V/R
LH
 
CAPTAIN L. D. HILL
COMMANDING OFFICER
Trident Refit Facility
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Mark Sarsfield
USS Batfish reenactor



"If you have one bucket that can hold 5 gallons and one bucket that can hold 2 gallons, how many buckets do you have?" - IQ test from Idiocracy
Lapinski
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« Reply #9 on: February 26, 2013, 07:04:57 PM »

OK, You found me, the Periscope Guy. I have been associated with the former Kollmorgen for just about 50 years. I received an email from Mark Sarsfield today via Kollmorgen, Radford VA. It is a long story. Briefly, Kollmorgen Electro-Optical was sold to Danaher in 2001. They kept us for about 11 years and a year ago we were sold to L-3 Communications. We are now known as L3-KEO. As a condition of the previous sale we are not authorized to use the name "Kollmorgen". Ninty seven years of name recognition down the drain. The name Kollmorgen is being used by a Danaher Division and they have nothing to do with periscopes.

The reason I use the term "we" is that I am still affiliated with theL3-KEO operation as a part time employee. I retired from Kollmorgen in 2001. Most of my career has been providing field service to U.S. and foreign navies. In addition, I have assisted with the installation of over thirty surplus periscope displays around the world during the last 22 years.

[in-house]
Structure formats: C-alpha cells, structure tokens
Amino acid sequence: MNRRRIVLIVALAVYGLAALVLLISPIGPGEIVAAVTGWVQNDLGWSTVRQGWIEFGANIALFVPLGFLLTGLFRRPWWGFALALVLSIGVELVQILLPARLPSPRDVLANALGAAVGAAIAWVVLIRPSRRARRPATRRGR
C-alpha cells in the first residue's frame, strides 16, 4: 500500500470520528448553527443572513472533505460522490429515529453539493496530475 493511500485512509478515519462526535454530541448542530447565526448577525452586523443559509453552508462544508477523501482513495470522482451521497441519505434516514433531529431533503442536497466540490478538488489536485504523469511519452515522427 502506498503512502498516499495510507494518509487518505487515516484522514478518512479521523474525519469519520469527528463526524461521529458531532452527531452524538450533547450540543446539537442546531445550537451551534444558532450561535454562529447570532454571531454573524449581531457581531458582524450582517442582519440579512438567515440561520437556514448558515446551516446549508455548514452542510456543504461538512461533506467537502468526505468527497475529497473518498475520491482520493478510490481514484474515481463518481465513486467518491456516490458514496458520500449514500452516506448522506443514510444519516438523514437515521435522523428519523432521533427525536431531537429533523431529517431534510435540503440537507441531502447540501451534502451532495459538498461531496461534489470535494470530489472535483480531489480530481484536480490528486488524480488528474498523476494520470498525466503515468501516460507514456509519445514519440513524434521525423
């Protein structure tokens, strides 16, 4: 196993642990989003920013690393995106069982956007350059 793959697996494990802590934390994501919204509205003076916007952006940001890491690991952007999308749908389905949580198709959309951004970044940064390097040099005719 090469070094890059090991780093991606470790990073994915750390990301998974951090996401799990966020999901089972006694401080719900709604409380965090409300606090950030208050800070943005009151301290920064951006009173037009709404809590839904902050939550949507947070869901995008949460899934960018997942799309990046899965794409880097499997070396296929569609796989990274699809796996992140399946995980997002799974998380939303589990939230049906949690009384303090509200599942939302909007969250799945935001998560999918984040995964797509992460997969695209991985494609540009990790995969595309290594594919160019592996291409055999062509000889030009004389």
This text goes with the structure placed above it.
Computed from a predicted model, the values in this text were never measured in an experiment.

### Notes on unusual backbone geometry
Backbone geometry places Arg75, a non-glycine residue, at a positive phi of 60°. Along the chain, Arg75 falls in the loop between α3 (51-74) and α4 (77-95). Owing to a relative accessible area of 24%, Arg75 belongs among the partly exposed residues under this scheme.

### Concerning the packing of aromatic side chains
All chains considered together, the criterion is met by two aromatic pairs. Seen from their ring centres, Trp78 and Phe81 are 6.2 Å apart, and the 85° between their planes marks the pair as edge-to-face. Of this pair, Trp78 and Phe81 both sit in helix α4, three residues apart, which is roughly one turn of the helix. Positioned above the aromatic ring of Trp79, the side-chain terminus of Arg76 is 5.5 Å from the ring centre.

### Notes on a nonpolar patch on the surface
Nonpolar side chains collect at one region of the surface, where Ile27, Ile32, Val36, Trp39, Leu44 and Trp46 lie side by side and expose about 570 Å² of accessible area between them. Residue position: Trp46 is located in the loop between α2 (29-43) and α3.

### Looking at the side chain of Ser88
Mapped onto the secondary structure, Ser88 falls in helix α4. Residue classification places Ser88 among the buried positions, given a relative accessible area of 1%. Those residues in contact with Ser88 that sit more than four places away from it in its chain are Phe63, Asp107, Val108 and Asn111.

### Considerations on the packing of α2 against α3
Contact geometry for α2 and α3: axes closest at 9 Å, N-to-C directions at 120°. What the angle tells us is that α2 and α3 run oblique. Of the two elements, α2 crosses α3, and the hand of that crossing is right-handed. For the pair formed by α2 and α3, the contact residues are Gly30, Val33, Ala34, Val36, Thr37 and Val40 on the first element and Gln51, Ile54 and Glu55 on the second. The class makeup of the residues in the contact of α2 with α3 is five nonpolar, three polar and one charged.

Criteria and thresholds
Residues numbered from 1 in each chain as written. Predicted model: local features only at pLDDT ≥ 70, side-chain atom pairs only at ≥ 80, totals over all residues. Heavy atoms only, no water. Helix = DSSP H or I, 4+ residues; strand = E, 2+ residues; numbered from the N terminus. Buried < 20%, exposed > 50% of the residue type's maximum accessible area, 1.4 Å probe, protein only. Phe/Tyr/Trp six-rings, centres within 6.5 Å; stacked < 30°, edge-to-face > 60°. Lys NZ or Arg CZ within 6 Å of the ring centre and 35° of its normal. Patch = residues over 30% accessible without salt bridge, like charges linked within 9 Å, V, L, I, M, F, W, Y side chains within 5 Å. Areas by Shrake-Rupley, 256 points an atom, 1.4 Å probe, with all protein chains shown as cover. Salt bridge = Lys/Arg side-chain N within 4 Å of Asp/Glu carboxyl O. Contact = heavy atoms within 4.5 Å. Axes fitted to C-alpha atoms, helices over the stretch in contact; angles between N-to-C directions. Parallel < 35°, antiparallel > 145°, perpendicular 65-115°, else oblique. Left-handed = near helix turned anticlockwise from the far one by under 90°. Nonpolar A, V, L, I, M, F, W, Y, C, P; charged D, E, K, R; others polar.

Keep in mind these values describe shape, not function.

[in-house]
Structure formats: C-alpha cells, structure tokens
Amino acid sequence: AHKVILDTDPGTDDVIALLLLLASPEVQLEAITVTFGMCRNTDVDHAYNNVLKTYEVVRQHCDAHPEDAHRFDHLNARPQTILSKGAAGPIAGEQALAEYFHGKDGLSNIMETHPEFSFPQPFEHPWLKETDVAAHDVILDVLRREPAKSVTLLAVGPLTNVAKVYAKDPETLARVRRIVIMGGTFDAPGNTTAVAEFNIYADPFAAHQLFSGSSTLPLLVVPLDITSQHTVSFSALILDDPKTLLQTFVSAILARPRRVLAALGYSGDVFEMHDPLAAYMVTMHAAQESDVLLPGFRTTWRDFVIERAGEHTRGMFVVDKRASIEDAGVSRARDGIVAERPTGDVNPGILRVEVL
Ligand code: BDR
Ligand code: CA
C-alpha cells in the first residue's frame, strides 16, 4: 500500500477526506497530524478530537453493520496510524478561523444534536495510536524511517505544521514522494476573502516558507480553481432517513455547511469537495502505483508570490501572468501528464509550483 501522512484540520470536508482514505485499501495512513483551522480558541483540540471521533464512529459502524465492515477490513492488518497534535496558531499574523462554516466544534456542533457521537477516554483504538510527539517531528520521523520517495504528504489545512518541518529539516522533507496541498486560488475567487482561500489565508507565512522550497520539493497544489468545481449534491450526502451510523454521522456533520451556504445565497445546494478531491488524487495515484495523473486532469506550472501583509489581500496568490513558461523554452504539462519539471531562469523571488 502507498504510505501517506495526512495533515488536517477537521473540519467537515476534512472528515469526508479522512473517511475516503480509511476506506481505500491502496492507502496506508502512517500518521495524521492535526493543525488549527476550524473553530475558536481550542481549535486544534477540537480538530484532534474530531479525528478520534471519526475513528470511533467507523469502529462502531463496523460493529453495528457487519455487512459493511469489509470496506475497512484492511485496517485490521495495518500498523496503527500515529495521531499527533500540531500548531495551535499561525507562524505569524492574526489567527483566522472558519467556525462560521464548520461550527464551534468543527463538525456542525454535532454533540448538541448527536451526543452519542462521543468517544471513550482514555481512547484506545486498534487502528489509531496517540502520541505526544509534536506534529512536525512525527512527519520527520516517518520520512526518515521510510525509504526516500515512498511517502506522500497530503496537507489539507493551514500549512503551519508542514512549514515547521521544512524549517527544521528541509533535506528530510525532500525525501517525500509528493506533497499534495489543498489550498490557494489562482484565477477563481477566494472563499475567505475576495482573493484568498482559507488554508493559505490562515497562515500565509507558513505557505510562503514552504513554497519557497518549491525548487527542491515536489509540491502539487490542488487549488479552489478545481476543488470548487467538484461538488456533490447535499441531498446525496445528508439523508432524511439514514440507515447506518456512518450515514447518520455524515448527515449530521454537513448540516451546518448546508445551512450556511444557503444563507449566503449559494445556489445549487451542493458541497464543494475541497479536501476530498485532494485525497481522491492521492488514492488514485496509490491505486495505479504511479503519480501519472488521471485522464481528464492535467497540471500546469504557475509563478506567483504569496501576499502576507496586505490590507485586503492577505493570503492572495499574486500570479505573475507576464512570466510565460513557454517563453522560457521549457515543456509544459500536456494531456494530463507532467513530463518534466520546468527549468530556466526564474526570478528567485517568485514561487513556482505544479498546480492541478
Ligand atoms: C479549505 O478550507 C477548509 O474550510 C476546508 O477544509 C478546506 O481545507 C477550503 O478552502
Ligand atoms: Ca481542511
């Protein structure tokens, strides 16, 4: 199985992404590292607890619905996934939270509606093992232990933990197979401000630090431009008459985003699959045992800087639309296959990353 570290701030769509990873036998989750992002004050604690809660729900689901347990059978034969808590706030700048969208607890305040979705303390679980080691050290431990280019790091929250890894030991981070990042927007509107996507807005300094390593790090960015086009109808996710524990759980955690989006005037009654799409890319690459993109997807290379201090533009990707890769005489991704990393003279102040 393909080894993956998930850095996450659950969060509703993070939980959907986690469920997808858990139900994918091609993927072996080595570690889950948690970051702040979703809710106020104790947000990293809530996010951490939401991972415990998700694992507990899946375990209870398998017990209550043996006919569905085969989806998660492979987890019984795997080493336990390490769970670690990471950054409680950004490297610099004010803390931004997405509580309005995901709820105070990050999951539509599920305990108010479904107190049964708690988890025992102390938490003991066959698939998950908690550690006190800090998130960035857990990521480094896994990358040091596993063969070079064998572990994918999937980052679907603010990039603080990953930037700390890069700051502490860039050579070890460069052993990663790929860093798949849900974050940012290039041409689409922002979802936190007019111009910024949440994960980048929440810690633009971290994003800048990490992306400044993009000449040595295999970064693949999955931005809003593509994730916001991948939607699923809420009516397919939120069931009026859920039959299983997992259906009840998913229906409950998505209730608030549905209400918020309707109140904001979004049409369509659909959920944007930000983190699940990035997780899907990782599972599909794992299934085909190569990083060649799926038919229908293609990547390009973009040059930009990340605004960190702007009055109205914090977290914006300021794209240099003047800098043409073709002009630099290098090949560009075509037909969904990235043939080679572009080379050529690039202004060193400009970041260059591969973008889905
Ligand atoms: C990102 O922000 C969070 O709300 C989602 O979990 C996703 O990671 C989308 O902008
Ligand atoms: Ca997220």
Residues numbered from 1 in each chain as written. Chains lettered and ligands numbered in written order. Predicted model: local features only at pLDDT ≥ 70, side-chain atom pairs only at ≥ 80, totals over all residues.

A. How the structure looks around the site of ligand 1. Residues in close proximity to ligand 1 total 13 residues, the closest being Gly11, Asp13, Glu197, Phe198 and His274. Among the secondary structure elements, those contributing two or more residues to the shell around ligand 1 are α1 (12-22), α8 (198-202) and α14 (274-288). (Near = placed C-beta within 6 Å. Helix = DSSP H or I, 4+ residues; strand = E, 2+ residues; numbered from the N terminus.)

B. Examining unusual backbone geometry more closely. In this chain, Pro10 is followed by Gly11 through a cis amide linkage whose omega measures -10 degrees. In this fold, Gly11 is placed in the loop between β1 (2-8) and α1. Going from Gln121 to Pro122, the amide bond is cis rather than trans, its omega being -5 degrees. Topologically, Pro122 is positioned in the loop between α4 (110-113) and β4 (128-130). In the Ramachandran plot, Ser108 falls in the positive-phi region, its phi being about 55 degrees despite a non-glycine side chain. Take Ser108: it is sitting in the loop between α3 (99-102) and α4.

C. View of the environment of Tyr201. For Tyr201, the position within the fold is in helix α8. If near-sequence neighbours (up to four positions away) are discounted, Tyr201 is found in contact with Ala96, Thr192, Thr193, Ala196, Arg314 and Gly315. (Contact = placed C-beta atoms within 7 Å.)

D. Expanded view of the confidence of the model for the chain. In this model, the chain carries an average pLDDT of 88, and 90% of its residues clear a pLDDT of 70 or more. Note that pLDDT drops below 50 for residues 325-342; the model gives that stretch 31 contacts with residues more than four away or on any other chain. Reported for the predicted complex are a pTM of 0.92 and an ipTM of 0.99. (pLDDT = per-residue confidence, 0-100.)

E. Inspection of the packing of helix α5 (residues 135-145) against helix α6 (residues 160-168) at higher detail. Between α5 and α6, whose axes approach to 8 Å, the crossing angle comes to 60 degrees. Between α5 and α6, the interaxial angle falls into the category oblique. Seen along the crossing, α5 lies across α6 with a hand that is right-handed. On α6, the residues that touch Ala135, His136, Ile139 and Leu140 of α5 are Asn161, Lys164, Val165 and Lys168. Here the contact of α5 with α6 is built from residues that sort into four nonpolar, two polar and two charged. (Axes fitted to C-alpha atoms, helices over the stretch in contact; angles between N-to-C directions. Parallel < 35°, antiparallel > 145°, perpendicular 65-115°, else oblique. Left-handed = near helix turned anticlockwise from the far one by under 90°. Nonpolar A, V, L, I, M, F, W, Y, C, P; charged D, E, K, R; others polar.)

I was involved with the CAVALLA Project. In August 2004, we were able to obtain two surplus overhauled periscopes for the Cavalla. One was a 1960's vintage Type 8B and a Type 2F. This vintage periscope is still available from the NAVSEA Ships Donation Office. I have contacts if you want to go this route. Several years after that swap out the Cavalla Group wanted their old periscopes refurbuished. Kollmorgen has never done this and is not set up to do it. The way I understand it is that a former Cavalla Skipper was a friend of the then Periscope Repair Officer at King's Bay, GA. The Kings Bay shop agreed to do the job. I assisted behind the scenes providing some documentation and tried to get a lens they needed from the Turkish Periscope Shop in Golcuk Turkey. I loaned my periscope clamps to the Cavalla in 2010 so that they could make the reverse swap.